Flawed public process at city hearing
Imagine a community larger than Evanston Township High School or New Trier Township High School without a central high school campus. Impossible, right?
There is such a community in the City of Chicago: the Austin neighborhood. It has been without a central high school for years. If communities such as Evanston, Winnetka, or Wilmette had no high school to serve the educational, athletic and recreational needs of their students, how long would it take their local government to come together to build an appropriate facility? Last week, Chicago’s city council ignored the voices of parents and children of the Austin community, who wanted a high school campus on a site perfectly suited to their needs-the abandoned Brach’s candy plant at 401 N. Cicero. Instead, the city council favored a public subsidy to allow the construction of a truck-terminal warehouse. Excuses for this action involved such arguments as the new school being “a bad signal to manufacturing interests,” and “against the zoning prerogatives of the alderman.” The requests of community organizers for information about the city’s $10 million subsidy and financial agreement with the suburban developer for the Brach’s parcel were disregarded. The pleas of the community fell on deaf ears with all the Aldermen voting in favor of subsidy measure. The lack of transparency concerning the public’s money benefiting private parties rather than for Austin’s needs would shock many. On the other hand, many may not be shocked at all. The time has come for the voices of Austin to be raised. Those who lack access to a fair public process must be heard. The students of Austin deserve to benefit from educational opportunities currently taken for granted by so many others.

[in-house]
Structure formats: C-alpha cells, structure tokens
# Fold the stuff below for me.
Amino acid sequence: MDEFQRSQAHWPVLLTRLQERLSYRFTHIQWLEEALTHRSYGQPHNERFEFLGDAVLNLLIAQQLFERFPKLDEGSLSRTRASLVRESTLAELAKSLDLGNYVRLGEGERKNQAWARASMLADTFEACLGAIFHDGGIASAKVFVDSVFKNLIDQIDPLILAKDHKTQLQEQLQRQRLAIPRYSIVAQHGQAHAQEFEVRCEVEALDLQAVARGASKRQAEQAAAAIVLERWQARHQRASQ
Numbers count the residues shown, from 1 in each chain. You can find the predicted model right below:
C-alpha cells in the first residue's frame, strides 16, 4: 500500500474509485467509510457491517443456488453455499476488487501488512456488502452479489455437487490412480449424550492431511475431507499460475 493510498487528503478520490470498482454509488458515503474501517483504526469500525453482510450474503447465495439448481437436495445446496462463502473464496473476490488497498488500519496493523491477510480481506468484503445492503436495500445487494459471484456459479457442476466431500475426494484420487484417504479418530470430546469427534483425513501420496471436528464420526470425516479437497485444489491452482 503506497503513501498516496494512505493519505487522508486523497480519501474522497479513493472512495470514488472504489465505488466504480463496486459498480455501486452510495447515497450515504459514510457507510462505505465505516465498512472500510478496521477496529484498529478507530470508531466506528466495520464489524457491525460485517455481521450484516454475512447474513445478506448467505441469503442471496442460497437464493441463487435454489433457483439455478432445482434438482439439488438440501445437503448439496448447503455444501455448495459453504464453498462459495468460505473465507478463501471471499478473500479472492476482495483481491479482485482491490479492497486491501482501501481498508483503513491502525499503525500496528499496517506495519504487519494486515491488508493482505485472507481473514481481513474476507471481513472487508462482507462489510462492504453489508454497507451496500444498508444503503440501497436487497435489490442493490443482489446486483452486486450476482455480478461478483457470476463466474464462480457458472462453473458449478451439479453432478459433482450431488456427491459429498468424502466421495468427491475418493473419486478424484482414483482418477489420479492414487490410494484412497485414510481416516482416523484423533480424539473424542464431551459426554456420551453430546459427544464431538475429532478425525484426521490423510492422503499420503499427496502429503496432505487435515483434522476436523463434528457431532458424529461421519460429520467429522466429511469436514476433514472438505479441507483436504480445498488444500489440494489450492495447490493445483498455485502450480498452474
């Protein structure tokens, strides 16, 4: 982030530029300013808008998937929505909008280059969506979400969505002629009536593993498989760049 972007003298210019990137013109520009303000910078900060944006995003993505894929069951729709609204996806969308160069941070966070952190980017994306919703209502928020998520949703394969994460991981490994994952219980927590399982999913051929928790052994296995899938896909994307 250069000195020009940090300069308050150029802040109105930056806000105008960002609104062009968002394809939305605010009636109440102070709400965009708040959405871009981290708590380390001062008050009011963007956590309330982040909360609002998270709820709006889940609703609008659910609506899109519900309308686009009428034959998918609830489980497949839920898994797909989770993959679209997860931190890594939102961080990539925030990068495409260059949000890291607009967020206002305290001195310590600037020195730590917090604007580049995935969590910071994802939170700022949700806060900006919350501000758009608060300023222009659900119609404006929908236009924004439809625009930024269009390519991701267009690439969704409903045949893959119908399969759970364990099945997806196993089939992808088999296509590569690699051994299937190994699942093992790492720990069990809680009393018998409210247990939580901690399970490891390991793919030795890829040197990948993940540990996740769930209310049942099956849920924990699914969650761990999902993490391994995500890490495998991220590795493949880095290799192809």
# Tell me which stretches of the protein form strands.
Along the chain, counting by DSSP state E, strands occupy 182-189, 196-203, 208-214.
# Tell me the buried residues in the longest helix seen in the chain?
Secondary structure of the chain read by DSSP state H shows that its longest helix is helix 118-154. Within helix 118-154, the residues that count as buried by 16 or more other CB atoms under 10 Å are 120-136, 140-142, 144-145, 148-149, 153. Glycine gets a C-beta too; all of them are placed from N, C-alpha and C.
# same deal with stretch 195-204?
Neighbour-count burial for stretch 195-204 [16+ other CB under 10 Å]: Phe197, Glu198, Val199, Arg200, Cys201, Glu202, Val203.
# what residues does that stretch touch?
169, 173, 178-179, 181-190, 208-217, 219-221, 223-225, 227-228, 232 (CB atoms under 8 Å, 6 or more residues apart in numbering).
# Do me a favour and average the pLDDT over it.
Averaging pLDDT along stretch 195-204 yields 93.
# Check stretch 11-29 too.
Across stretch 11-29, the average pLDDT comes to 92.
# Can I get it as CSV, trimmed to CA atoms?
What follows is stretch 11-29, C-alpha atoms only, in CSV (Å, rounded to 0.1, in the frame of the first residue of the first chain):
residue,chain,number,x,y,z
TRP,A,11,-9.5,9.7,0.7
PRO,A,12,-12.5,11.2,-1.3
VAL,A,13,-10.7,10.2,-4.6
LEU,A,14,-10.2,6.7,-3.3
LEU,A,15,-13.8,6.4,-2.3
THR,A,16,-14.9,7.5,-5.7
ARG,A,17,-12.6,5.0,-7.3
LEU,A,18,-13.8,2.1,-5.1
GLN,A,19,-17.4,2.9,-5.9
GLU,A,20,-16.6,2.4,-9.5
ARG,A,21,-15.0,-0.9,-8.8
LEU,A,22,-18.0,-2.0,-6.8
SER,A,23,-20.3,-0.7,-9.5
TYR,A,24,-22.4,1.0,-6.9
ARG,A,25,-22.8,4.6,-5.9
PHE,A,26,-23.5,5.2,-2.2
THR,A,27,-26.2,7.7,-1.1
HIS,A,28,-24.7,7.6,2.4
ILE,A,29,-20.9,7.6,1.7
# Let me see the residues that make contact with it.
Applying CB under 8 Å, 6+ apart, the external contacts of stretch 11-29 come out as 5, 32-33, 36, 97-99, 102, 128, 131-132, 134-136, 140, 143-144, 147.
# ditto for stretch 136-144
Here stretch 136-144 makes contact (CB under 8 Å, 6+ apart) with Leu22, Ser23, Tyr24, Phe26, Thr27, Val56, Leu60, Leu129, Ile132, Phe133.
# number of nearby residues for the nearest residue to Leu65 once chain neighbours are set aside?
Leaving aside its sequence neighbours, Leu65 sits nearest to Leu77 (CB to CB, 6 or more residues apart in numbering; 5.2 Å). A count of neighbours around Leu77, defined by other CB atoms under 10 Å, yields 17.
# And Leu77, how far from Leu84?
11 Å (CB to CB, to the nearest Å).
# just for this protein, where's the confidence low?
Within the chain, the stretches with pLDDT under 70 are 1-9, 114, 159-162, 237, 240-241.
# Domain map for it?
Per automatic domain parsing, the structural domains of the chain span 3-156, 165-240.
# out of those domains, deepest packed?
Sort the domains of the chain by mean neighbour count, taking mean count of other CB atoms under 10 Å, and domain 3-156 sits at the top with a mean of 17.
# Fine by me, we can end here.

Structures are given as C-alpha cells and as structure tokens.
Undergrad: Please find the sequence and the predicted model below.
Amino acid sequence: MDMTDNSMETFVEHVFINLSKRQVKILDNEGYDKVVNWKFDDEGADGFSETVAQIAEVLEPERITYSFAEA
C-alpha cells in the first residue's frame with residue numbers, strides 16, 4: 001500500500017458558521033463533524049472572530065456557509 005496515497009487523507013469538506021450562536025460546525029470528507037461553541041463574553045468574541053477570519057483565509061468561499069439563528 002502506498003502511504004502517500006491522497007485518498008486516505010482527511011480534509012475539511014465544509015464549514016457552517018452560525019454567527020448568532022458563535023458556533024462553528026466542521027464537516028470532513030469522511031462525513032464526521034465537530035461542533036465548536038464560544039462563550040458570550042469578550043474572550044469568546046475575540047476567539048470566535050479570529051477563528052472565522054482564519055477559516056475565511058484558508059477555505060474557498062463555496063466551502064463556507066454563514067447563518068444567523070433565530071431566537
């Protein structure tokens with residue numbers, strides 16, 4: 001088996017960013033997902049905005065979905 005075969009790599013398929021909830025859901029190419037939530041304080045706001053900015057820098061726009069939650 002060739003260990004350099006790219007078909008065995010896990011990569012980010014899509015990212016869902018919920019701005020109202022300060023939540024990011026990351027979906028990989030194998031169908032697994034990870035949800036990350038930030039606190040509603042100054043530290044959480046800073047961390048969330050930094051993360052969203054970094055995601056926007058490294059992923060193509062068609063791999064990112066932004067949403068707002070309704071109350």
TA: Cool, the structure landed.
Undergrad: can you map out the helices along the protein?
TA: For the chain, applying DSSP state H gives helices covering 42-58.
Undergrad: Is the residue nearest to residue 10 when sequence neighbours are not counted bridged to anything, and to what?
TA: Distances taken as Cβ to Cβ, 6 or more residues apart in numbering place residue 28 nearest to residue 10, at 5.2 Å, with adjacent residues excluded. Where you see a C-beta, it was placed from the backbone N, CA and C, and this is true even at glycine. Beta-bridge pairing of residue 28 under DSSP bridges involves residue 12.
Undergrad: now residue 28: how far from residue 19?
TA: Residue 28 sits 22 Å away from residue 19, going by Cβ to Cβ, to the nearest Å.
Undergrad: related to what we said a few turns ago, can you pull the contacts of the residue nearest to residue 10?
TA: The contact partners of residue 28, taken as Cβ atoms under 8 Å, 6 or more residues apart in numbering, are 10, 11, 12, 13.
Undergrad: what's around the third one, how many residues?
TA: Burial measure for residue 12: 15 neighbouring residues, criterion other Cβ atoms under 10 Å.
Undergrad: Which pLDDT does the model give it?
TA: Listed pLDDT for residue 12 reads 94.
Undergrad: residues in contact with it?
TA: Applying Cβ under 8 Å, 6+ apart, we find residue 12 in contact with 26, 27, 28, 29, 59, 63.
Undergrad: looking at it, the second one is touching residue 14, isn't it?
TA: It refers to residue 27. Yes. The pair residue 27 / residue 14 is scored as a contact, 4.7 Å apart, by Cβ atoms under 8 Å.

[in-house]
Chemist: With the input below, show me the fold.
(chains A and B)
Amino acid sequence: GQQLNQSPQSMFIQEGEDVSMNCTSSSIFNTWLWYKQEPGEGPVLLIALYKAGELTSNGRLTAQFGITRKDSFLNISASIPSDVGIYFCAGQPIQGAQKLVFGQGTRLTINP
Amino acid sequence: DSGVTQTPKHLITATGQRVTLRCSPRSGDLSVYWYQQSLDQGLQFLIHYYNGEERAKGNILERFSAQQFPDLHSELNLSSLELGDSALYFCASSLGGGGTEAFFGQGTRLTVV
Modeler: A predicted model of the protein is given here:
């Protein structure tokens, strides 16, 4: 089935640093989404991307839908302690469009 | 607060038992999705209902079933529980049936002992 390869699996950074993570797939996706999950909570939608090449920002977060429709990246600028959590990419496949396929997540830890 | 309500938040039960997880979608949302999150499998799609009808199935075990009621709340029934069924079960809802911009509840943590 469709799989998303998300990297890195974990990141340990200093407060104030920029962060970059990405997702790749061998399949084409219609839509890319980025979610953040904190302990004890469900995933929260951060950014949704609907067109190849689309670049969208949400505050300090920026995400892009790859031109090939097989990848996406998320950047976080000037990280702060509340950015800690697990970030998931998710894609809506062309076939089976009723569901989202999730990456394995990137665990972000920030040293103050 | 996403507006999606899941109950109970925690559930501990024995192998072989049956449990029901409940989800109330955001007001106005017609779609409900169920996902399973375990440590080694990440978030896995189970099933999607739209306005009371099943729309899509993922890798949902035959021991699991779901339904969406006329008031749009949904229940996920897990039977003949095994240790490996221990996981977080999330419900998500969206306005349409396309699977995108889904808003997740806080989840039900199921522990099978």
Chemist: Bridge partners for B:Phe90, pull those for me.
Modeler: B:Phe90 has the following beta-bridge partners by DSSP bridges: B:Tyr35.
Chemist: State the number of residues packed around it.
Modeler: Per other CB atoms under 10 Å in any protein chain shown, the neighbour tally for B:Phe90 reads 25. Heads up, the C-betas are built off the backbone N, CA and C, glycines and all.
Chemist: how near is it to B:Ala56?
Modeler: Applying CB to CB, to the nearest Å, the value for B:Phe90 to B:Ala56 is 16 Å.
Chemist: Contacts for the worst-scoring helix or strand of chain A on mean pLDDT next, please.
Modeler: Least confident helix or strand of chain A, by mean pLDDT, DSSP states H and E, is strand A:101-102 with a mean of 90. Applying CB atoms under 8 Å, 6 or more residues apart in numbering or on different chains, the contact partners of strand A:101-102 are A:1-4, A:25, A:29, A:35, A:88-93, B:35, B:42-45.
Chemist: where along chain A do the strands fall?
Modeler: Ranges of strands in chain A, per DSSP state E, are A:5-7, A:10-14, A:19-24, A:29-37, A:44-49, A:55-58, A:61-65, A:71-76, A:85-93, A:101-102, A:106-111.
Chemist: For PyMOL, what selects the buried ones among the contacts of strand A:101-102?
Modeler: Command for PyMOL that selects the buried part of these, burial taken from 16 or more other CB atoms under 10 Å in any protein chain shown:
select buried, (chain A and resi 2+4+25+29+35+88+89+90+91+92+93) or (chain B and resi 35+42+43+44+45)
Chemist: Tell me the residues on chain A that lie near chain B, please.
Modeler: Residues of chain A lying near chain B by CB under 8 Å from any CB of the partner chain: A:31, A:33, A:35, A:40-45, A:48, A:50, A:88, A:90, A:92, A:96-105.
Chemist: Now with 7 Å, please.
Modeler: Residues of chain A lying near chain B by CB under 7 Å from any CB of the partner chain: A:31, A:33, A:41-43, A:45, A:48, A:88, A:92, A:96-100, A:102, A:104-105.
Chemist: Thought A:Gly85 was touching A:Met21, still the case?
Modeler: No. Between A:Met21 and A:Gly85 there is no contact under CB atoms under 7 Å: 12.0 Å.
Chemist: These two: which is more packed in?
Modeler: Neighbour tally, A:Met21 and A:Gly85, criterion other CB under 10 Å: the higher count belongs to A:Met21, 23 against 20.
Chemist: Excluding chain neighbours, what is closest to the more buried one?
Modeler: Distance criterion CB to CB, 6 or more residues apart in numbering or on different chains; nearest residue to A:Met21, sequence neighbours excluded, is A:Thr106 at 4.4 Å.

President of the Westside Health Authority
Reinstating of police unit a backward step
Chicago Police Superintendent Jody Weis, feeling pressure to stem the tide of violence, suggested he might reconstitute the discredited Special Operations Services. It sounds like panic and would be a giant step backwards. A better forward-looking move is a realignment of police beats, which places more beat officers in areas with the highest crime rates. There is a qualitative difference in professional policing when beat officers interact daily with neighbors as part of the community fabric, verses the SWAT tactics of the old SOS.
Mr. Weis has to be aware of the failure in over relying on the “SWAT” approach. And their are continuing investigations of SOS officers on police misconduct charges. Thos allegations led to the unit being dissolved. In reconstituted, their lack of supervision and accountability will cost millions in lawsuits and public trust. A recycled SOS is a bad idea. Weis should retract his pronouncements of reconstituting it immediately.
We have every right to expect the new top cop to bring fresh ideas and courage to the table. Mr. Weis should now champion a realignment of the beats, commit to community/police partnerships, and reassure all Chicagoans that public safety and police accountability are the hallmarks of good, effective law enforcement. In times like these, we need a steady hand and a clear head at the police helm. The jury’s still out on whether Mr. Weis is up to the task.
Rev. Dr. Marshall E. Hatch
Yasmine-your friends are still with you
Yasmine, you are missed by APA (Austin Polytech Academy where Yasmine is a student). You are a friend to many. You have a personality that is out of this world. Polytech hasn’t been the same without you-please come home soon. Everyone is worried about you. If someone is withholding her from the world, please let her go. Let her live the life that she deserves. Oh Yasmine-my crazy, smart, outgoing, loving, Yasmine-you are missed so much. Just come home where you belong.
More needs to be done to bring Yasmine home
I am writing this because it is wrong that I haven’t heard more about this case on T.V. or on the front pages of larger newspapers. All this time I thought my prayers came true and she was home safe until the other day when I read the Austin Weekly News. It really hurt me so bad. So please, let’s all pray for her return, and also let’s start talking about it more on the TV news and in all the newspapers because somebody needs to step up to help return her home. It would be helpful for the police to get more involved because right now, it look’s like they do not care and that’s their job- to serve and protect.
Submitted at www.AustinWeeklyNews.com